I would like to join the ranks of librarians who are kind of annoyed about being asked what is sexy about our jobs. I follow humansofnewyork and can vouch they never really ask other people what is sexy about their jobs. I get it is supposed to be cute and is a way to talk about what librarians and paraprofessionals do. I think there is just a lot more that could have been said if they asked a different question.

I actually stopped following humansofnewyork a long time ago because they were sometimes asking people gross questions.  I can’t remember the specifics though. 

Being asked “What is sexy about your job?” insinuates that you either are, or are supposed to be, sexy.  Considering how society judges people’s value based on their jobs, saying I need to prove my profession’s value by positioning it as “sexy” is saying I (as a woman) need to prove my worth by being sexy.  Which obviously implies women need to be sexy to have value.  This sends up creeper flags. 

If you re-phrase the question it becomes more obvious how the “sexy” part is totally unnecessary, except maybe insofar as the question-asker wants to throw their subject off-guard: “What is important about your job?”  “What is meaningful about your job?” “What is appealing to you about your job?”

tl;dr creepy creepy creepy

Tags: librarians

You should punch people who talk in lecture because it’ll make your memory bad.

lolmythesis:

Psychology, Neuroscience, and Behaviour, McMaster University

"The impact of perceptual interference on recognition memory"

Oh, I know who this person’s supervisor probably is. They were one of my references to get into my MLIS program.  I have fond memories of my undergrad in the Memory & Attention lab, too bad I never get to use any of that knowledge any more.

"Why do some libraries insist on developing website content that is not being used? There’s no doubt it would be great if library users came to our sites to read book reviews, listen to podcasts, and calculate the value that the library delivers to them. We want to be a valuable resource. We want people to trust our opinions and rely on us for guidance. But just because this would be wonderful doesn’t mean it is going to happen."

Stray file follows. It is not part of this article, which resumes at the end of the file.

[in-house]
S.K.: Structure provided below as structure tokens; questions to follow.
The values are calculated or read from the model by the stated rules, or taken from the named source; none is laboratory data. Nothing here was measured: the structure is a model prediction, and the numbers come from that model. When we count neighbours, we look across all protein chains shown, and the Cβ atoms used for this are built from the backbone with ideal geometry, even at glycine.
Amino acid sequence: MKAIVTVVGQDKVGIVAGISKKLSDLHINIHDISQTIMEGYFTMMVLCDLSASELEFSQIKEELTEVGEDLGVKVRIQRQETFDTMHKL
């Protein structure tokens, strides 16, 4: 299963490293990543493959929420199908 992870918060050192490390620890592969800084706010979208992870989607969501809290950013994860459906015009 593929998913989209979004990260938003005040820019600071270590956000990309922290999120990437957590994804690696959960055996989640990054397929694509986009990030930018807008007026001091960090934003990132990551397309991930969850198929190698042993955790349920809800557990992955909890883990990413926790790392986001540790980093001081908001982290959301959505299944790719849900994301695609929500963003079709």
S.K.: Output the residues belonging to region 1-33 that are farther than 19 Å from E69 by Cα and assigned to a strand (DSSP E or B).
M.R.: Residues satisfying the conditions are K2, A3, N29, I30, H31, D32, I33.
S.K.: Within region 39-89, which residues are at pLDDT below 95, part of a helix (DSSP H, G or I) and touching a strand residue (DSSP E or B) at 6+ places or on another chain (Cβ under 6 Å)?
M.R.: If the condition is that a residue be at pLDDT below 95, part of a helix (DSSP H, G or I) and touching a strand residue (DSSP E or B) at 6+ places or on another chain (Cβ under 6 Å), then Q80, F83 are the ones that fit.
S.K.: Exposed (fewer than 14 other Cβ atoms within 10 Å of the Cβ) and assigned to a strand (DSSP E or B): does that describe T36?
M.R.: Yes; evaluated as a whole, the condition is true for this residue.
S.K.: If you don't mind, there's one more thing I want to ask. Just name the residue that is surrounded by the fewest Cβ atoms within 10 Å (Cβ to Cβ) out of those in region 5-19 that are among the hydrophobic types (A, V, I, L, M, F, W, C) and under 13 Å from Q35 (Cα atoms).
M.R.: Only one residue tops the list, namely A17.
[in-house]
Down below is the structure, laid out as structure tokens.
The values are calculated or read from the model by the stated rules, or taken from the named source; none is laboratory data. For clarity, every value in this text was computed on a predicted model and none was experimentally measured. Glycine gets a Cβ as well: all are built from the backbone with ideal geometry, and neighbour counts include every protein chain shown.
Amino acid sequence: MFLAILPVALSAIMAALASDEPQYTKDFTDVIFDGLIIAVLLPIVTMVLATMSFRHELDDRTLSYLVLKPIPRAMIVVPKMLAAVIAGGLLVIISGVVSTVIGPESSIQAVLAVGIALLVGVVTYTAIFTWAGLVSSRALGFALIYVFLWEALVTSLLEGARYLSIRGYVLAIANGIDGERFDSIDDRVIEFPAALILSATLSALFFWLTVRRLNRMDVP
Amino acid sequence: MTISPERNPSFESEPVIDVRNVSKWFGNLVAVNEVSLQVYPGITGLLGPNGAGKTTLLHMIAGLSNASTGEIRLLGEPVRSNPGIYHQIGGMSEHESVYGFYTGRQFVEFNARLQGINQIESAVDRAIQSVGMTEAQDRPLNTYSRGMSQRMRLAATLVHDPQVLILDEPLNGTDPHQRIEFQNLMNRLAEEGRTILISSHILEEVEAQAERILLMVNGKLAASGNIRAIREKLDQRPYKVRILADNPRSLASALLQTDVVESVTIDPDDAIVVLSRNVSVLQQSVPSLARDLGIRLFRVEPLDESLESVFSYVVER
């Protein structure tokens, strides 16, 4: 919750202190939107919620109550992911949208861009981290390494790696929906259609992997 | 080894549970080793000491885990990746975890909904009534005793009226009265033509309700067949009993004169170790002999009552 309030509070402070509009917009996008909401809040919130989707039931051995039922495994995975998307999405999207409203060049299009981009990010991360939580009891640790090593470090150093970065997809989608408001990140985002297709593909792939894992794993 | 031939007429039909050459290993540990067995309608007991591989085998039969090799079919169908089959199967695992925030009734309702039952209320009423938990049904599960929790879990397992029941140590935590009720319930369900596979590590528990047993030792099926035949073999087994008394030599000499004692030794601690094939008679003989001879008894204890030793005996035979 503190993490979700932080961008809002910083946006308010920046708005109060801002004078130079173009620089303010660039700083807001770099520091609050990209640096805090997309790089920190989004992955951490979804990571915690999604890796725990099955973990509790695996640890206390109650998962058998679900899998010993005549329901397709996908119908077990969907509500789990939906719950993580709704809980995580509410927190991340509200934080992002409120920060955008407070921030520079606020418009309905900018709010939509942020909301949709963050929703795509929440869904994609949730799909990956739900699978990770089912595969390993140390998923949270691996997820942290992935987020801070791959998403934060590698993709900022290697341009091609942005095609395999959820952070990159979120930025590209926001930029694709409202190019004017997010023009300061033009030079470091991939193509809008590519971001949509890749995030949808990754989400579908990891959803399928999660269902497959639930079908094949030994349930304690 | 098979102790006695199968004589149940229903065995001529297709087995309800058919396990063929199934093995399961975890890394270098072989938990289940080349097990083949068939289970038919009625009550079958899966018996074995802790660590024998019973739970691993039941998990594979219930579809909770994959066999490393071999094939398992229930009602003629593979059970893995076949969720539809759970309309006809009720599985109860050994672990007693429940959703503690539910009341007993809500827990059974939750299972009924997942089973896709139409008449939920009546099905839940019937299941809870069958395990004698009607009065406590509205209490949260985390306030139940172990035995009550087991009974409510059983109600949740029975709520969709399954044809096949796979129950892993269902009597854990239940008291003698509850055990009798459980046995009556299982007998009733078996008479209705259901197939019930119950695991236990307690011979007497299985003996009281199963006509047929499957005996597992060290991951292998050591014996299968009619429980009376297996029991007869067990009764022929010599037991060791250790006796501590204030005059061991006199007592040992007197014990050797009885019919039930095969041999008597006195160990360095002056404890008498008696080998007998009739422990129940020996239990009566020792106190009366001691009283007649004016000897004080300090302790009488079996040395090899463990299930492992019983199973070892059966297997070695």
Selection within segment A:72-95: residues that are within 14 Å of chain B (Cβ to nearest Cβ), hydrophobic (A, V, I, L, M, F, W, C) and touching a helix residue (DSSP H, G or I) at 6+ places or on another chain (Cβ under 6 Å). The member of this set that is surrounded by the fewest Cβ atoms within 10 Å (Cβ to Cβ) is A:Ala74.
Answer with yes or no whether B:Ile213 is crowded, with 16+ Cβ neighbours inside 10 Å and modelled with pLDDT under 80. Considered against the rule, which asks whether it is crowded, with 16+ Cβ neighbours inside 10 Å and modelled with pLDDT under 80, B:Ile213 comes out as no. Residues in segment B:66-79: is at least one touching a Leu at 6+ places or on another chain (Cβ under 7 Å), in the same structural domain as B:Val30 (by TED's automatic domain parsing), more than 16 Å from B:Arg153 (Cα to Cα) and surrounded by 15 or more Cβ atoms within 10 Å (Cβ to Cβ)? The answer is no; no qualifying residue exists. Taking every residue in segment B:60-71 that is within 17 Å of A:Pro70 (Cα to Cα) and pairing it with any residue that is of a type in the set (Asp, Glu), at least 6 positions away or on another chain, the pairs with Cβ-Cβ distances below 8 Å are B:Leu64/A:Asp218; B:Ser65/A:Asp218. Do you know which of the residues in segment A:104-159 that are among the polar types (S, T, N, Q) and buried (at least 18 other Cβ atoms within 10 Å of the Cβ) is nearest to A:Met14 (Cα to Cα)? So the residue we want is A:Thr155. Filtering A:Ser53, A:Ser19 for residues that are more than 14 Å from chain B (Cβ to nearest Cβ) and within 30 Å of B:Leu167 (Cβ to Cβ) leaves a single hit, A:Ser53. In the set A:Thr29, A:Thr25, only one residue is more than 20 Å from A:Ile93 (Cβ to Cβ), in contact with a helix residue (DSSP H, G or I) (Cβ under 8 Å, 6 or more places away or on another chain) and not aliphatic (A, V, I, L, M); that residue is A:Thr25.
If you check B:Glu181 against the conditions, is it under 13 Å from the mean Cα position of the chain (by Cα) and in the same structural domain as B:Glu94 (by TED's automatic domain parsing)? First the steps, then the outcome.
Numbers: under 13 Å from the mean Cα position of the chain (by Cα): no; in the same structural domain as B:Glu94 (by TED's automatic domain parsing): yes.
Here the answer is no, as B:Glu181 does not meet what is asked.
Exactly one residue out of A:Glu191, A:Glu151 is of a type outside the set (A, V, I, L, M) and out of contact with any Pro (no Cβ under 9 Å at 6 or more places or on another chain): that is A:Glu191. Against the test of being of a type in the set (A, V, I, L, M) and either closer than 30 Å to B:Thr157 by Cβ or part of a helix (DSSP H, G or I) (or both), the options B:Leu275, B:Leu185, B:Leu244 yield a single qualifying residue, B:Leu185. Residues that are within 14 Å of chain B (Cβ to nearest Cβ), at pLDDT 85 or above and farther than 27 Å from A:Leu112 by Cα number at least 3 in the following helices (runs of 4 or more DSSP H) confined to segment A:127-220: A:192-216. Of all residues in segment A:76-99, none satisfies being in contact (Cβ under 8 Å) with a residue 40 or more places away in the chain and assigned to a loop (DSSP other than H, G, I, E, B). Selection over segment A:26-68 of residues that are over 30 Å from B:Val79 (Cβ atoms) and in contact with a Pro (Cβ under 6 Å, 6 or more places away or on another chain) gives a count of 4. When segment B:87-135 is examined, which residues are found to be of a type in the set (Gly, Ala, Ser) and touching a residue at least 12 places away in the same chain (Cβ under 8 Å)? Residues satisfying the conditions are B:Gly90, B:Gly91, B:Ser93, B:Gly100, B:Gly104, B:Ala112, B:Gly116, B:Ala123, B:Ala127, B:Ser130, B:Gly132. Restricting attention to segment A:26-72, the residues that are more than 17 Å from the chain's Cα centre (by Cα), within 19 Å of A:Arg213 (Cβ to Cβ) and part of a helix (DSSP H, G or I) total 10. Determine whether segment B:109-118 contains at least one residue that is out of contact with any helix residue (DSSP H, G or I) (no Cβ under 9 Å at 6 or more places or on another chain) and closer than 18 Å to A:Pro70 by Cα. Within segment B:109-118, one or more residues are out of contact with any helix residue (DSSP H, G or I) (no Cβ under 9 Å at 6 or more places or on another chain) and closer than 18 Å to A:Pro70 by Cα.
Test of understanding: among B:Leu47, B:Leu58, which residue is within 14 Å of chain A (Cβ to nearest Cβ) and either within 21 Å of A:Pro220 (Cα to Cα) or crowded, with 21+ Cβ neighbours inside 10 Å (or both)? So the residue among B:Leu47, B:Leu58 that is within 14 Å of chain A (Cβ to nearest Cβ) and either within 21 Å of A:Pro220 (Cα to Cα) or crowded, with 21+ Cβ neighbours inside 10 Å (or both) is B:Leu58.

Aaron Schmidt, Give them what they want: the user experience | LibraryJournal (via thepinakes)

Man oh man, what I could tell this guy about committees.  Library websites aren’t really about what the user wants, it’s about letting everybody who works in the library feel special and included and valued.  You want to know why image carousels exist? Because everybody wants their stuff on the front page, above the fold, looking flashy.  They’re terrible for UX and we still love them because nobody wants to tell Sam from ILL that patrons don’t care about how ILL works.

My favourite (academic) library website is Seneca Libraries.  I show this to some librarians and they’re like “Wow! That’s amazing!”, but most librarians say “But where is all the content? Why don’t they have separate pages for their branches? Is that really it?” etc.  And sure, it makes me a bit itchy to assume 0 page clicks = delete, but wouldn’t it be interesting, as Schmidt says, to get rid of everything and then see what people ask for?  Patron-drive acquisitions, anyone? 

I would argue that libraries do not have bad websites because they don’t understand usability, but because of poor management and internal politics.

(via afrofuturistlibrarian)

steviefeliciano:

Biscay Statutory Library in Bilbao, Spain

Photos by Åke E:son Lindman

Via ArchDaily

(via chembrarian)

orphalesecitylibrarian:

PCL began circulating the 4G mobile hotspots to enable Internet access in neighborhoods with low rates of home broadband service. The program allows patrons to borrow the hotspots for up to a week. The hotspots can accommodate up to eight users or Wi-Fi devices at a time, with no bandwidth usage limits.

(Source: groundsforthought)

continuants:

how do i pack up my entire life in two weeks this is terrifying

I’ve moved six times in the past seven years. Key tip: get rid of as much stuff as you can. Get rid of anything you don’t use all the time and anything you can easily replace.  And you will always need more boxes than you think you need. 

Tags: real life